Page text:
Oh right, you've not heard about the DUP. Okay. So what happened is that last summer Theresa May called a general election for some reason and fucked it up so bad that the Conservatives actually lost their overall majority, and so they had to rely on the DUP for a confidence and supply arrangement. You know, The DUP. Arlene Foster. Ian Paisley's son! Those guys! Hardline unionists, you've definitely heard of them. The lads who believe that the earth is 4,000 years old and that homosexuality is an abomination. Opposed the Good Friday Agreement. Could you calm down a bit? The high-tempo beeping from your heart monitor is very distracting.

I know, I know. Those guys are usually more of a Northern Ireland kind of thing but Stormont has been dissolved for a while. You missed that too. Yeah, hasn't been an assembly up there for almost two years now. We might actually want to leave that one for another day if we're going to get through Brexit before visiting hours are over.

From an Irish standpoint, we've actually done our best to help out but it hasn't gone very well. Last week, Priti Patel suggested threatening to starve us. Boris' dad has been making jokes about us all wanting to shoot each other. Here, you might want to bite down on something. One MP said that all English people were entitled to move to Ireland and get an Irish passport. Another said that you could use the pound sterling in Dublin. It's been a pretty eye-opening experience, all told.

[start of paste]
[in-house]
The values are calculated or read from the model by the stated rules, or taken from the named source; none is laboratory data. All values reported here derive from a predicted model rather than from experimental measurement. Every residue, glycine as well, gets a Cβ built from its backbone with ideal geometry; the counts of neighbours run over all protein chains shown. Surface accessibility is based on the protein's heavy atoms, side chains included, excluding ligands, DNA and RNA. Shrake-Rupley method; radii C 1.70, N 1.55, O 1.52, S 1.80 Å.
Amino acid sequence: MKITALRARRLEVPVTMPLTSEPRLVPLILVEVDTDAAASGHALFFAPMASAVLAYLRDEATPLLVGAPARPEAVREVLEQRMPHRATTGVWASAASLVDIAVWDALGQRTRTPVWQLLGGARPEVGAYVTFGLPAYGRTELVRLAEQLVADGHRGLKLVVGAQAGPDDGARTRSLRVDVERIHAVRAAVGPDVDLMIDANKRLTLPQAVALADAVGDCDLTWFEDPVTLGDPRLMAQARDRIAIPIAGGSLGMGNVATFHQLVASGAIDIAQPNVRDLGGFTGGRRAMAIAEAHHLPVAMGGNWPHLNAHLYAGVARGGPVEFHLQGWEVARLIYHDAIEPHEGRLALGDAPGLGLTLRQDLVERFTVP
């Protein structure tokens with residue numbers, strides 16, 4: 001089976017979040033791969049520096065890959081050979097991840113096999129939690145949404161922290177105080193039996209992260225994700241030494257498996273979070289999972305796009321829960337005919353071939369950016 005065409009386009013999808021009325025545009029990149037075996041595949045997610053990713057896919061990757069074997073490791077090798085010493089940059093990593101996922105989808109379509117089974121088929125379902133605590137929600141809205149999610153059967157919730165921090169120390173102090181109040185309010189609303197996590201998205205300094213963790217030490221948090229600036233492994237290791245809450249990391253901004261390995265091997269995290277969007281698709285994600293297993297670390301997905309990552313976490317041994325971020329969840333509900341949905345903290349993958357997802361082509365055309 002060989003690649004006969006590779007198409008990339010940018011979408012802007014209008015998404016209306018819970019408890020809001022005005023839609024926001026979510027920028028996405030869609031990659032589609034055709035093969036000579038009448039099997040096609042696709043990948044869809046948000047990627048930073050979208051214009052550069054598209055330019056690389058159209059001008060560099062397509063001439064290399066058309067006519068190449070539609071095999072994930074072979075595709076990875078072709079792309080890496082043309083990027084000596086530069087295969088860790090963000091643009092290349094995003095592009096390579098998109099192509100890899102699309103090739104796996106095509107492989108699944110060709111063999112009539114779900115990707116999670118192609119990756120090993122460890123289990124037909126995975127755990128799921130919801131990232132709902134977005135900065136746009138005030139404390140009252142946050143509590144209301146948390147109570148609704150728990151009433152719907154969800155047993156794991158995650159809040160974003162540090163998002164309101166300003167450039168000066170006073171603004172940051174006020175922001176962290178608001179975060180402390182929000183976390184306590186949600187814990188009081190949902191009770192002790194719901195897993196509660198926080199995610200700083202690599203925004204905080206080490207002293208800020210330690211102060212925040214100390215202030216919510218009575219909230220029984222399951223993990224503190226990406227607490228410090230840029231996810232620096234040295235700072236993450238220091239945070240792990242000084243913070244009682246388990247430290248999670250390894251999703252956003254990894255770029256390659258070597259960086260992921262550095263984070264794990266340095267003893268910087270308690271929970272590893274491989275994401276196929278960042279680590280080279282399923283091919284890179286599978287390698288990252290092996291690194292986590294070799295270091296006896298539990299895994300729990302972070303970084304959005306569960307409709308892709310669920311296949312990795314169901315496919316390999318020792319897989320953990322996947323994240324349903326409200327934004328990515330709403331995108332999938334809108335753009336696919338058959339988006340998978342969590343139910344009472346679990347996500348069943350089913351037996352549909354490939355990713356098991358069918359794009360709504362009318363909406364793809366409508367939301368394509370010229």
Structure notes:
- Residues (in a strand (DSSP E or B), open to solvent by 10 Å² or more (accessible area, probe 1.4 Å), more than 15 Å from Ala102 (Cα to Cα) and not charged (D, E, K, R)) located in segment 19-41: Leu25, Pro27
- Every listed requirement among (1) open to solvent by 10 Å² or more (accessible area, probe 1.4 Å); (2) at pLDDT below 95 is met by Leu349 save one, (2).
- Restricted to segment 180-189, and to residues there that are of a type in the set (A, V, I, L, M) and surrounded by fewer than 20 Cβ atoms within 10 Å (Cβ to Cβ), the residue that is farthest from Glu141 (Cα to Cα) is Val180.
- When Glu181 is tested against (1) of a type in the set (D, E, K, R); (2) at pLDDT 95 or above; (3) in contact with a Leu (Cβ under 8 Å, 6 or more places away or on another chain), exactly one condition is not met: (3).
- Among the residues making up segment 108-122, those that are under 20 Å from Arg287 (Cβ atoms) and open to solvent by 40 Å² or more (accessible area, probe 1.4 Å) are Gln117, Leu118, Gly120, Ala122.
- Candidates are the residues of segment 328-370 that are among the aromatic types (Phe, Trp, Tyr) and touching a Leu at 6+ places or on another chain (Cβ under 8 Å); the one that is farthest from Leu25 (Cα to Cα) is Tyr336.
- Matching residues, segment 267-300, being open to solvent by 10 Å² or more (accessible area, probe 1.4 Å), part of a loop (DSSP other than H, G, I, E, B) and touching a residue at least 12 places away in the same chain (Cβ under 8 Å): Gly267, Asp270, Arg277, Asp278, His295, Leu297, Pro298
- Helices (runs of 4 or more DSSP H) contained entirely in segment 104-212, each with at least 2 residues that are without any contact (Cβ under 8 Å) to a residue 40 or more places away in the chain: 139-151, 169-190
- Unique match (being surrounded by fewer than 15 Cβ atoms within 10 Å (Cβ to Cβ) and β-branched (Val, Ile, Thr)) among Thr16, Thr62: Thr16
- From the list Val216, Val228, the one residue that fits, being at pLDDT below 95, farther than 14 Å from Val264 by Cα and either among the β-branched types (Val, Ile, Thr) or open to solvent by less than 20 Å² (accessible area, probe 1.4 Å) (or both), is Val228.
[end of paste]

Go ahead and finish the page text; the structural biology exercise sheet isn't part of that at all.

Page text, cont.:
They can barely even pronounce the Taoiseach's name! What? Who? No, it's Leo Varadkar now. God you've been out a long time. Though, now that I think of it, one MP struggled to pronounce Enda Kenny's name too.

It all reached a bit of a head this week when Theresa May postponed a parliament vote on her deal so she could reopen negotiations with Europe, who have refused to reopen negotiations. Eventually, one of the MPs got sick of it all and picked up a big medieval weapon in the middle of the House of Commons, but it immediately became clear he didn't know how to use it so he put it back down.

Here, look, he's written a thinkpiece in the Guardian about it that should sum it all up. "I'm proud I grabbed the parliamentary mace. Here's why."


So now they're officially trying to oust May. Tonight. What happens after that is actually anybody's guess. If she goes then they'll have no leader, no deal, no mandate and no path forward with less than four months until Brexit. If she stays... much the same.

It seems that now, at long last, the world is finally waking up to what the Irish have known since the time of Diarmuid Mac Murchada. That the English, at the level of their political elites, are a roving band of power-hungry posh-boy Dickensian vampires — who do not care a damn for the welfare of their own people, and actively disdain their neighbouring countries.

Anyway, if I were you I wouldn't fall back asleep for too long. All of this is subject to change entirely within the next eight hours.

Are you in pain? You look like you're in pain. Should I call the nurse? I'll get the nurse.